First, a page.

Previous Chapter: Six
Summary: Love, silk, and memory, in shades of cold and dangerous blue.
Author's Notes: This is being written for cathica as part of the 2007 OT3 ficathon wendymr . With any luck it'll soon also be up on Teaspoon. For those who've maintained their interest and want to read further, here it is. As always, Dr. Who and the Whoniverse belongs to the BBC, Uncle Rusty and various other brilliant people. I earn no coin, and do this out of love.
Jack coughed involuntarily as he entered “Cheap Eats Here.”
Why can’t one dive, in the whole of space and time, avoid smelling of piss, cigarettes and stale beer, he thought, readjusting his smile while he loosened his shirt collar. It was time to go to work.
As a time agent, he’d had basic training in most of the humanish root languages, at least the ones that had survived Earth’s cyclical civilisation-ending events. He definitely knew neo-Portuguese, because anyone who’d worked assignments in the First Empire got nowhere without it. Still, he was grateful for the TARDIS’ linguistic enhancements.
Not that he needed them at the moment. The hum of conversation fell away raggedly as the clientele took in his presence. The silence wasn’t – quite – hostile, but judging by the attitude of the hard-faced and threadbare men comprising the majority of his potential audience, only weariness precluded that.
Jack wasn’t surprised; he’d chosen this bar for just that reason. He wasn’t going to find unhappy citizens in upscale dining locales, that was for damned sure. As unobtrusively as possible he marked the back exit and confirmed to his own satisfaction that the back bar area was easily accessible, too. No windows, but that wasn’t really a surprise.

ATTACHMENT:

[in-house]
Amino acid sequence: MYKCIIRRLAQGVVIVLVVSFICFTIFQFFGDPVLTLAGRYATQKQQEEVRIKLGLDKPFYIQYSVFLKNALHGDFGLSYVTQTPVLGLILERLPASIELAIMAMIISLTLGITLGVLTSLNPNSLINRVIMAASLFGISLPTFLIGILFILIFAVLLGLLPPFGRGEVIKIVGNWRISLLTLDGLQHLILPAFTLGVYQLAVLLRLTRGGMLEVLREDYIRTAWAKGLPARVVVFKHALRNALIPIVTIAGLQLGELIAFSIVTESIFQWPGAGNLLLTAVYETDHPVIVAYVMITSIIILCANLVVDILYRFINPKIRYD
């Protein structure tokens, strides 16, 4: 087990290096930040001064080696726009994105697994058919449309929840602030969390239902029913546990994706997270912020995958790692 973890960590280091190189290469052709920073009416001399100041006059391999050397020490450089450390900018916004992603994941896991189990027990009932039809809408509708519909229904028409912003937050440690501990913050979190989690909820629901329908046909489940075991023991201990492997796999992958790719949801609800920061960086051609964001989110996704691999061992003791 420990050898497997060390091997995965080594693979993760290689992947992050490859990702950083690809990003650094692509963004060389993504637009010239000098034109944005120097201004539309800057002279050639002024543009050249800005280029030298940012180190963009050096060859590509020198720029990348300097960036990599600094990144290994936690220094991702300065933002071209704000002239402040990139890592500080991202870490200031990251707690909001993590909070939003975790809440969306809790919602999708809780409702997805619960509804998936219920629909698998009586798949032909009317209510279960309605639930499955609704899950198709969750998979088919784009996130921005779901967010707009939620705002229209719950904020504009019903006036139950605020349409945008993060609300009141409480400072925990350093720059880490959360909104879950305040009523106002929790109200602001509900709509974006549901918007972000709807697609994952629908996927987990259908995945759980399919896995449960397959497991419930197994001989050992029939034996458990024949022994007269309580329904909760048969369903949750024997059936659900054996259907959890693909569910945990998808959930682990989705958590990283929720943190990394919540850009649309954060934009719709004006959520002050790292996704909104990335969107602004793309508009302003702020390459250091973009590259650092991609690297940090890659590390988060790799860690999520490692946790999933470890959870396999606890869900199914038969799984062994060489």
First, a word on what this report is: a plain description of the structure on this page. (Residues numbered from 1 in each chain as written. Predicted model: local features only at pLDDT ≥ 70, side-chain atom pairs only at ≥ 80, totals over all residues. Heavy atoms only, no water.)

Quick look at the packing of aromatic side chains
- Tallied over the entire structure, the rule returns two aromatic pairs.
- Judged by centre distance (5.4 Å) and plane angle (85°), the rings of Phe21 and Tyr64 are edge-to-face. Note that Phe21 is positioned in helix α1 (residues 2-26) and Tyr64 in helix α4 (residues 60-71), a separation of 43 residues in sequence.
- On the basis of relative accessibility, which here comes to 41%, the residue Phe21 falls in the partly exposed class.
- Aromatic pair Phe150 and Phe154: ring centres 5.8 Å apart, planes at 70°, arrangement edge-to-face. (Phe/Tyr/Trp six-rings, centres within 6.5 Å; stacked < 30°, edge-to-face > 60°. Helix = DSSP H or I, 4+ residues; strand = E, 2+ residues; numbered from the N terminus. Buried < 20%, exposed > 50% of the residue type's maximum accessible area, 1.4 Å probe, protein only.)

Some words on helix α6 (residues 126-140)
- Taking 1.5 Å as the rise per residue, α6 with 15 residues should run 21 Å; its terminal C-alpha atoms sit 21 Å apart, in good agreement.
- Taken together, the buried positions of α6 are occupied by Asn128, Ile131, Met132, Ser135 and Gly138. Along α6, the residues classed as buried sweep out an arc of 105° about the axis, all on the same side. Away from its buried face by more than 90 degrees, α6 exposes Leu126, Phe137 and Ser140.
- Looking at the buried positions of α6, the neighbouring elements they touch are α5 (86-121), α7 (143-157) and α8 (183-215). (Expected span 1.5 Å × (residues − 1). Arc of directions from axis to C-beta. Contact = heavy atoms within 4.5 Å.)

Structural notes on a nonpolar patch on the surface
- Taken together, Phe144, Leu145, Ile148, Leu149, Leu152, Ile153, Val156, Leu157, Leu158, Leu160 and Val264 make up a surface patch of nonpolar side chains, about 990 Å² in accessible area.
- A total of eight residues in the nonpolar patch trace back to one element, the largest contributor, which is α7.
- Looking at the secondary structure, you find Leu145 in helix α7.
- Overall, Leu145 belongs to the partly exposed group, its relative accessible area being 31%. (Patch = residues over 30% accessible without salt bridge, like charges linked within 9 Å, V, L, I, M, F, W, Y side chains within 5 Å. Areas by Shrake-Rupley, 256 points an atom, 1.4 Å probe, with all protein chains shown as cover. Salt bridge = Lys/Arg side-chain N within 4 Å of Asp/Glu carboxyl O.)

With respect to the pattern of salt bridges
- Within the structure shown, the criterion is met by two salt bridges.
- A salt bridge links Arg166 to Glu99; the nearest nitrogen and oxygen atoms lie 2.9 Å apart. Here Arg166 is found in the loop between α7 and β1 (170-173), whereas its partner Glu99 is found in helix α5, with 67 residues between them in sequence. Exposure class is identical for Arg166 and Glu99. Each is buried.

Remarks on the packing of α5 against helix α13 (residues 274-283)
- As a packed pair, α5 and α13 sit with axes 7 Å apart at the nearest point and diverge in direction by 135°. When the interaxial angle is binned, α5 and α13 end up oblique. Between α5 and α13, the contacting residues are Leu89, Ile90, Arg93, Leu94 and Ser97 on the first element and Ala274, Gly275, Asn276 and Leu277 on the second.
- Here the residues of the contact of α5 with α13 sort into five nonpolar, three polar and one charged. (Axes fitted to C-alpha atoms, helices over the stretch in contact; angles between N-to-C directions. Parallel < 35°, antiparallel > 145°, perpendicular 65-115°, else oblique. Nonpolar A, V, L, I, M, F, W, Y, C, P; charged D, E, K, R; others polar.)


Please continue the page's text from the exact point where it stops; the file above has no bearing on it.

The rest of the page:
Without seeming to pay attention to the watchful bar patrons, Jack moved toward the bar. He found and slid onto a stool, then caught the bartender’s eye. “D’you have ouskash?”
“How much you want?” the woman said, her initial flat-eyed gaze brightening slightly as she took in the totality of Captain Jack Harkness.
“How much will five credits get me?” he asked.
“Here’s 20,” he said. He hadn’t the slightest intention of drinking all the shots that he'd bought, but it was always good to keep a herd of glasses in front of you in places like this. For one thing, onlookers tended to assume you were a drunk waiting to happen, always a useful misapprehension. For another, you could make friends by handing out the extra drinks. And a shot glass was an effective little weapon; pitched hard into the average goon's forehead, it could dissuade him for a moment or two.
For the next 15 minutes he established himself, making sure others noticed him tossing two shots back in quick succession, then nursing the third for another 10 minutes. Now for the second step; time to look sad. He stared morosely at the top of the bar, and waited.
“So what’s got you down, Ser Serious?” The bartender smiled at him. She had adjusted her tunic so that it pulled tight across her breasts.
“You don’t want to know,” he said, knowing she would.